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April 18, 2023

Tuesday

The latest QBot email attacks combine malware installation with PDF and WSF.

To infect Windows devices, QBot email malware is currently delivered through phishing tactics that use PDFs and Windows Script Files (WSF).


Formerly a banking trojan, Qbot (also known as QakBot) has developed into malware that grants other threat actors first access to business networks. Additional payloads like Cobalt Strike, Brute Ratel, and other malware are dropped during this first access to give other threat actors access to the compromised device.


Through the use of this access, threat actors were able to move laterally through a network, steal data, and eventually use ransomware in extortion campaigns.


Security researcher ProxyLife and the Cryptolaemus are collective have been tracking Qbot’s use of a new email distribution technique — PDF attachments that download Windows Script Files to install Qbot on victims’ devices — since this month.


Currently, threat actors are using stolen email exchanges to spread QBot using reply-chain phishing emails, which are emails that contain links to malicious websites or files.


To lessen the suspicion surrounding a phishing email by having it appear as a response to an existing conversation, reply-chain emails are used.


This is a global malware distribution effort because phishing emails are written in a number of different languages.

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The latest QBot email attacks combine malware installation with PDF and WSF.

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FIN7 developers and ex-Conti members collaborate to spread new Domino malware.

Together with the FIN7 threat actors, former Conti ransomware participants are using the ‘Domino’ malware family to attack corporate networks.

A backdoor called “Domino Backdoor” drops a “Domino Loader” that then injects an info-stealing malware DLL into the memory of another process. Domino is a newer malware family made up of these two components.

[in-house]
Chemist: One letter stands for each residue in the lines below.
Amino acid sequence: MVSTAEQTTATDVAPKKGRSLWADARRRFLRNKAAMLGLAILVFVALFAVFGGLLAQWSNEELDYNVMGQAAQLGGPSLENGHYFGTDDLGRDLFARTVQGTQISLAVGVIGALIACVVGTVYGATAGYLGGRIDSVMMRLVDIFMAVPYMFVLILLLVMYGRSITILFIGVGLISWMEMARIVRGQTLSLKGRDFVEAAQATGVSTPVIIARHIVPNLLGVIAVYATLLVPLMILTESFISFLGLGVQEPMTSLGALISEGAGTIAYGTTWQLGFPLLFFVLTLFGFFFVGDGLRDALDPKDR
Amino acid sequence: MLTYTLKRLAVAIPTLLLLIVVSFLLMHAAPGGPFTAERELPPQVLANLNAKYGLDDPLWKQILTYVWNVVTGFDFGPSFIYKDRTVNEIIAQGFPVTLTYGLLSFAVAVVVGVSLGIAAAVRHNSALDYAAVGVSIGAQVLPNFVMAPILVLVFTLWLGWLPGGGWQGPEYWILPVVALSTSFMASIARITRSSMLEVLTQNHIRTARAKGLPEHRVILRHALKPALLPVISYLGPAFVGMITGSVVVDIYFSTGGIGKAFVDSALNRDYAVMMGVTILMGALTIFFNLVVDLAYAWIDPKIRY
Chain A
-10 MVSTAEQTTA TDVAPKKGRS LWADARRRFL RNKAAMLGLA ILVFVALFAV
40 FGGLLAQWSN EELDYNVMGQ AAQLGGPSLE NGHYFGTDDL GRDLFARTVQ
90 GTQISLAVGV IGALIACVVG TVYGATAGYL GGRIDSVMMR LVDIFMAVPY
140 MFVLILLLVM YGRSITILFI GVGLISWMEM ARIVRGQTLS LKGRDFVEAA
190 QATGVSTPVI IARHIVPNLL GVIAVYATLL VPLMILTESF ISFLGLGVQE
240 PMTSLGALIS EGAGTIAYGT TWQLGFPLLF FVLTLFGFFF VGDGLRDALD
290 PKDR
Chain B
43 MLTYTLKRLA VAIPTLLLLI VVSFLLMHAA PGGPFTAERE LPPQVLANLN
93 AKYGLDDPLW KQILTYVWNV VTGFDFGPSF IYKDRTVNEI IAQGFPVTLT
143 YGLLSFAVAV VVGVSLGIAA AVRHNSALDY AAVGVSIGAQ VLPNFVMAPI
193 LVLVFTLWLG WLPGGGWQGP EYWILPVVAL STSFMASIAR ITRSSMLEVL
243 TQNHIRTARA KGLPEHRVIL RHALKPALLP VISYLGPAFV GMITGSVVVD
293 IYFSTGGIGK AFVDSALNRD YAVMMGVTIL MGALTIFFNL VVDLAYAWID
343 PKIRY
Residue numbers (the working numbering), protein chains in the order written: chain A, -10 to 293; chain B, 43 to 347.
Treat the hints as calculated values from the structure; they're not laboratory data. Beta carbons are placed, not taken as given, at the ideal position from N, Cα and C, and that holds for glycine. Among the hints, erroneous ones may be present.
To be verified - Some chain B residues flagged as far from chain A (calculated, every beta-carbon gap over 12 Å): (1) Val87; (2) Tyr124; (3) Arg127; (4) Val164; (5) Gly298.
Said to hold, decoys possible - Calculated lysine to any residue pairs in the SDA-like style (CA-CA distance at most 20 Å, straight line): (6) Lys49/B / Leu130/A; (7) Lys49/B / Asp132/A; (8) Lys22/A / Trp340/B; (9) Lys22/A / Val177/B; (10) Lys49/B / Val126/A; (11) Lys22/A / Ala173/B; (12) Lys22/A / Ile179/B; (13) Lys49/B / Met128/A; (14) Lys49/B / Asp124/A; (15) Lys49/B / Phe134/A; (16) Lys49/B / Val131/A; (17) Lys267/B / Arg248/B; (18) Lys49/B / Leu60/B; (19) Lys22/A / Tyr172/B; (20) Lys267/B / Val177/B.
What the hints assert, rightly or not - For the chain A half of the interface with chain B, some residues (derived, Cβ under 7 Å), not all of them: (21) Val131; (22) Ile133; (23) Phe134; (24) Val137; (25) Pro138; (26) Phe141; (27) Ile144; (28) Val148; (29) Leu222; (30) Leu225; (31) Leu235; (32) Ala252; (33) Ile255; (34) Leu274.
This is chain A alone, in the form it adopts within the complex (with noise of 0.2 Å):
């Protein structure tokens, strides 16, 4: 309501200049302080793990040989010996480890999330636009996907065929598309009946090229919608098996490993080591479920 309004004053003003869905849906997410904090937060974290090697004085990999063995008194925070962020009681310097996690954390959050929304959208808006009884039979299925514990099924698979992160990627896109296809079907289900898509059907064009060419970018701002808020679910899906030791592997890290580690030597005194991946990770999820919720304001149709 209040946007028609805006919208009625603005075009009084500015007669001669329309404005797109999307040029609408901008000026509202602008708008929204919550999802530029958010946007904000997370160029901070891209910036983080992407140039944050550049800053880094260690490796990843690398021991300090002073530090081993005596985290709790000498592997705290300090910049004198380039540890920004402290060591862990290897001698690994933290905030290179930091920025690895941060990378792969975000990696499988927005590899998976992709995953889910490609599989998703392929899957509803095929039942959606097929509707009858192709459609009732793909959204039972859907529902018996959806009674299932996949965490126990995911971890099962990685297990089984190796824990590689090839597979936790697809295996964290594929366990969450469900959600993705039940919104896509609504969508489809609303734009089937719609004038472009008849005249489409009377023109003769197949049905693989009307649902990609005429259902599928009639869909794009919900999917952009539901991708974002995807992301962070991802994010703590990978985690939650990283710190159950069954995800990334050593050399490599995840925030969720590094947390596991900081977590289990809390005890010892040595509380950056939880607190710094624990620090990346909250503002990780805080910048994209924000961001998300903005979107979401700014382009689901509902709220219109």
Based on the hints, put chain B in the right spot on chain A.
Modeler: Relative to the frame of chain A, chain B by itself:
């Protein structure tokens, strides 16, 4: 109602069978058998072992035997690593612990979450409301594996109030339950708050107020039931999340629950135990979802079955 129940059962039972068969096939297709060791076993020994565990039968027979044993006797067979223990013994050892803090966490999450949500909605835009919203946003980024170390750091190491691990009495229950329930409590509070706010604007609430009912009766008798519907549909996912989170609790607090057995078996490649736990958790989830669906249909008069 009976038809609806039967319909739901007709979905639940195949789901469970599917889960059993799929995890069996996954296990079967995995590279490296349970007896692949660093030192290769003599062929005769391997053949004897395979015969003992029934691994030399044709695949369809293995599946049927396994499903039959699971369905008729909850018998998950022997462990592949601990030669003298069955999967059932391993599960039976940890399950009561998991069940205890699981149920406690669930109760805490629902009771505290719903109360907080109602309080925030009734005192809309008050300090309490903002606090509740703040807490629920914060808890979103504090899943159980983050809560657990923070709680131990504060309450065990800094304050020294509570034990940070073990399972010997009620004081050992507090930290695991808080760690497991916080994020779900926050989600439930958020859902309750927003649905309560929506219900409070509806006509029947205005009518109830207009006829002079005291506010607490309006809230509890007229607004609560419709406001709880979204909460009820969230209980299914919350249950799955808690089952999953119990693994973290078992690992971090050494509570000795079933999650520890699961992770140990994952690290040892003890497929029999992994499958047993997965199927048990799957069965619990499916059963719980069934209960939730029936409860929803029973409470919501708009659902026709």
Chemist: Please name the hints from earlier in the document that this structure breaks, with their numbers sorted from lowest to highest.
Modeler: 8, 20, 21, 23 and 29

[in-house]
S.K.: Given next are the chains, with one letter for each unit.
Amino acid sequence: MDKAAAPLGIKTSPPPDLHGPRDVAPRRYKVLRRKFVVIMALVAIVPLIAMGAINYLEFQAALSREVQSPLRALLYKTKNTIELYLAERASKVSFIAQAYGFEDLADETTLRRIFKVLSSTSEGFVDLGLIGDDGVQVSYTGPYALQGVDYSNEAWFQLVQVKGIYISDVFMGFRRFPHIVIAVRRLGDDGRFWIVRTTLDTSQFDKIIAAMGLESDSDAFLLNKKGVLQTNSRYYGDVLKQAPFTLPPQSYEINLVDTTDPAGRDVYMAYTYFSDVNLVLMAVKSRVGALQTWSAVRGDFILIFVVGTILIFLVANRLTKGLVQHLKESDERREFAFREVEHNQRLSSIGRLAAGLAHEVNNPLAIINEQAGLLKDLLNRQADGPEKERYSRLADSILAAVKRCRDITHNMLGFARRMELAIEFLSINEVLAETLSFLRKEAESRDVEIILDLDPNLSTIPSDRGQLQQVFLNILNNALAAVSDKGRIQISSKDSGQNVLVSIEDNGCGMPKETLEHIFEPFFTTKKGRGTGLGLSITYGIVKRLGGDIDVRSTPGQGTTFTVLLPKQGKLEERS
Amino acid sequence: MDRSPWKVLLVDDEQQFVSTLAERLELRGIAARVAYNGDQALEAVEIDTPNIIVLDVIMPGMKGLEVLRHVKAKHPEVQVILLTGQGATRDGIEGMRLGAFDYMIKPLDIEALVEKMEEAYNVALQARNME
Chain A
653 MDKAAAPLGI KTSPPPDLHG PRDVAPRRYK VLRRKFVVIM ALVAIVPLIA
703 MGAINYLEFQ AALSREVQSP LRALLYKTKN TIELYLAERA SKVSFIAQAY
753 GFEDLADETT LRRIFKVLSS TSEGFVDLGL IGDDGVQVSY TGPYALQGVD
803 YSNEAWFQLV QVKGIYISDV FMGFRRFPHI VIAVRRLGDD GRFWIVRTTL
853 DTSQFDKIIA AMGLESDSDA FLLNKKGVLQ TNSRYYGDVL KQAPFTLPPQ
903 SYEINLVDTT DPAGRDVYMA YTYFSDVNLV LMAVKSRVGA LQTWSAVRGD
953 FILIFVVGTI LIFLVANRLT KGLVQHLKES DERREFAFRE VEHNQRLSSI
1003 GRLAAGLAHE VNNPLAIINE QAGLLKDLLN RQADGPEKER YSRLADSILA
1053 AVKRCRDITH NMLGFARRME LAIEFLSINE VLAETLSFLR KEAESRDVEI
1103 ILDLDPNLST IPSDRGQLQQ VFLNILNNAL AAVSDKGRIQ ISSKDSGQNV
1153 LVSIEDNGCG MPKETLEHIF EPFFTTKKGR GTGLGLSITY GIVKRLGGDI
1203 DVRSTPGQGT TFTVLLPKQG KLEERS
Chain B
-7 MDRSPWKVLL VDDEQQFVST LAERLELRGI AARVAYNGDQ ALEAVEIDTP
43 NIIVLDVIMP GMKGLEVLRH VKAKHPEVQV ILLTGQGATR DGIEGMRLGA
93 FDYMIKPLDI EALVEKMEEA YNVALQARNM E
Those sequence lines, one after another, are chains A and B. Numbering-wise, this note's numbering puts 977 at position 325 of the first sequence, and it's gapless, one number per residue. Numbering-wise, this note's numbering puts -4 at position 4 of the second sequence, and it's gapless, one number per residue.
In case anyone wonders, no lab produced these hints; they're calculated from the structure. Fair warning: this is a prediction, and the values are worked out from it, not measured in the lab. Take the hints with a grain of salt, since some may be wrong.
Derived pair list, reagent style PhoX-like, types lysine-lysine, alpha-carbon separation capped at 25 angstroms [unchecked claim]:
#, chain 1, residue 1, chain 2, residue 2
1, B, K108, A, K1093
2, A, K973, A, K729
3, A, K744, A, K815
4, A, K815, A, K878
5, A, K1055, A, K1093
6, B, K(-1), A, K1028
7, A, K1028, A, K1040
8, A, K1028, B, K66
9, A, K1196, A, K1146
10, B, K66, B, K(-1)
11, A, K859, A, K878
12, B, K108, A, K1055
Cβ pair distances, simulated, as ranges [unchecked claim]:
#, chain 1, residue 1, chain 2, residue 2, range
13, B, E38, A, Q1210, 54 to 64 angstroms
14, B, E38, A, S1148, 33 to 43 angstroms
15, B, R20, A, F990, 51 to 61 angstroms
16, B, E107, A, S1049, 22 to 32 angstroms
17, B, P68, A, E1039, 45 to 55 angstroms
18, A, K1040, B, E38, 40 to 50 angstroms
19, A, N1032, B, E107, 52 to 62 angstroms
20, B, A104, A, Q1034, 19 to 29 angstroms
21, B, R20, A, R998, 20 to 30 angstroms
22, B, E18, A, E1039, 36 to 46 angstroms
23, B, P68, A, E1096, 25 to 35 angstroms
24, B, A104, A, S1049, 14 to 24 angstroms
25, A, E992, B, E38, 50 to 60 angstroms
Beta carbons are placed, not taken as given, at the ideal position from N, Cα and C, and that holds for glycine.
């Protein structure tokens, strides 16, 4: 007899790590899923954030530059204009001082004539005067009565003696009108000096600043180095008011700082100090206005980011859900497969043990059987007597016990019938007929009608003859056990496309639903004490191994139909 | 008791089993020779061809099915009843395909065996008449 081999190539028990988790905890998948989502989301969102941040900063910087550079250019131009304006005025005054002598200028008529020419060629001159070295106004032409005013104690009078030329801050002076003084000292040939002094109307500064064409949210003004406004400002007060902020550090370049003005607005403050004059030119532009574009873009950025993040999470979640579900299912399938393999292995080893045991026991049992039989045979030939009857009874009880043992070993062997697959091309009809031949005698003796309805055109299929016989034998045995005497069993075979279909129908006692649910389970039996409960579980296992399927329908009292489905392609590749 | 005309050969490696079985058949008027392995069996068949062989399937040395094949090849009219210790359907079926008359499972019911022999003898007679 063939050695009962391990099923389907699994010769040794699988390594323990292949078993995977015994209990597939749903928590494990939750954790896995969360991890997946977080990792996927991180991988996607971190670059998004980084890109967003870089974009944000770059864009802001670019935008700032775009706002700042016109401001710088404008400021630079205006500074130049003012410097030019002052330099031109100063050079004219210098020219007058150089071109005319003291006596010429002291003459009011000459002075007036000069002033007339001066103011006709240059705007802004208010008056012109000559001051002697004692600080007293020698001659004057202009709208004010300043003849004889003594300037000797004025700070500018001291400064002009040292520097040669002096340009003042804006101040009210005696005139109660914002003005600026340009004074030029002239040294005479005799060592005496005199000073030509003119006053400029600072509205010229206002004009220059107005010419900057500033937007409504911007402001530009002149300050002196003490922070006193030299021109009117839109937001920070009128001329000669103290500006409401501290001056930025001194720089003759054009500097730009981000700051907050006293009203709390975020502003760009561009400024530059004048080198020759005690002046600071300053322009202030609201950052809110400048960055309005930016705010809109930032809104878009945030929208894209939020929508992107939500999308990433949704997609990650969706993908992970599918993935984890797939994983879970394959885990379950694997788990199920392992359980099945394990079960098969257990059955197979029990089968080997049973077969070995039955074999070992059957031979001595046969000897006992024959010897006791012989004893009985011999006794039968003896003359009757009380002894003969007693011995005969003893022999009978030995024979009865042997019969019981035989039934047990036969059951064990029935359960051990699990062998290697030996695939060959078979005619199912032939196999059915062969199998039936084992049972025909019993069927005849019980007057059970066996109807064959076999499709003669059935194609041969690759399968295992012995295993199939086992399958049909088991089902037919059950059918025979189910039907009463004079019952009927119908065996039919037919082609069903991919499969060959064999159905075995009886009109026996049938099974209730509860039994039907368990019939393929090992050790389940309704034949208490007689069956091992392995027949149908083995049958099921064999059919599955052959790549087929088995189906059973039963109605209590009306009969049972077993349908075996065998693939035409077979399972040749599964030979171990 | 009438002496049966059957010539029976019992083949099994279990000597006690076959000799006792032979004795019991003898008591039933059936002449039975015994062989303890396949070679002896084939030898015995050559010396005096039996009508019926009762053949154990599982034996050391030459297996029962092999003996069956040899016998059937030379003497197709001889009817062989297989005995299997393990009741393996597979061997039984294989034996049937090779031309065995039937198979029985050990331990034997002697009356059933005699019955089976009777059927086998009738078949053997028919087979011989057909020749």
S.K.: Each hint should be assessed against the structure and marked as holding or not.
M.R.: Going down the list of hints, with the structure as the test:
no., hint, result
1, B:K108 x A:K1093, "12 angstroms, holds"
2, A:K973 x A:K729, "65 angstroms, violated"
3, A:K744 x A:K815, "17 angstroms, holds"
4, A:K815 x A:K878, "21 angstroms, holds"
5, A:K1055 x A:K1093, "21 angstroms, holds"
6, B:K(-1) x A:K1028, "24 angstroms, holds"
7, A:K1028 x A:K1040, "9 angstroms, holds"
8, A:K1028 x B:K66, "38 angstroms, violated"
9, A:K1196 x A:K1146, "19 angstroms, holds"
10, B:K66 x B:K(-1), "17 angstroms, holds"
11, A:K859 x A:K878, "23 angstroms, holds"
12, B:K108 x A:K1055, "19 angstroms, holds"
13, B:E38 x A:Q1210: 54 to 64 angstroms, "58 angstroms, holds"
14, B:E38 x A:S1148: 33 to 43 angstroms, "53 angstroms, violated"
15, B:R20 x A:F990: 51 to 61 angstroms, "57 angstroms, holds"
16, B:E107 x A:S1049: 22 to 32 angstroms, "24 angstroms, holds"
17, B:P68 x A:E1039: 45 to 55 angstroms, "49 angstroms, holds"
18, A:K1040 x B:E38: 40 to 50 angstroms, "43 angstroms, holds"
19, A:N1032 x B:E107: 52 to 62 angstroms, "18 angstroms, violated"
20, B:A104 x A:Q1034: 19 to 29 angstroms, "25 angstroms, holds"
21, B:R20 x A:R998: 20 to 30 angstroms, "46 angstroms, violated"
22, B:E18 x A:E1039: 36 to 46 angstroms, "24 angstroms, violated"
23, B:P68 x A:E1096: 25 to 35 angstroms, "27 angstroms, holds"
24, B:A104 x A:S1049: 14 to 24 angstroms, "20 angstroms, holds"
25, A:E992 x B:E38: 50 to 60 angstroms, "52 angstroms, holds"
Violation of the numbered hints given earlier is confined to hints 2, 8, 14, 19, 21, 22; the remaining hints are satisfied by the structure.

Since February 2023, IBM’s Security Intelligence experts have been keeping tabs on former Conti and TrickBot members who have used the new malware in assaults.

However, a new IBM assessment issued on Friday links the FIN7 hacker gang, a cybercrime organization tied to a variety of viruses as well as the BlackBasta and DarkSide ransomware operations, with the actual development of the Domino malware.

The ‘Dave Loader’ malware loader, which has been linked to former TrickBot and Conti ransomware members, has been used in attacks since the fall of 2022, according to IBM experts who have been monitoring the activity.

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April 18, 2023 /

Tuesday

Hackerzhome News

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Google Discovers APT41 Targeting Of Media And Job Sites With The Open Source GC2 Tool Know more!

The new Chameleon Android spyware imitates government, bank, and cryptocurrency apps.

The new Chameleon Android spyware imitates government, bank, and cryptocurrency apps.

Since the beginning of the year, the ‘Chameleon’ Android malware has been preying on victims in Australia and Poland by impersonating the CoinSpot cryptocurrency exchange, an Australian government institution, and the IKO bank.

Cybersecurity company Cyble reported the dissemination of the mobile virus through hacked websites, Discord attachments, and Bitbucket hosting services.

A wide range of dangerous features is included in Chameleon, such as the ability to steal user credentials through overlay injections, keylogging, cookies, and SMS texts from the infected device.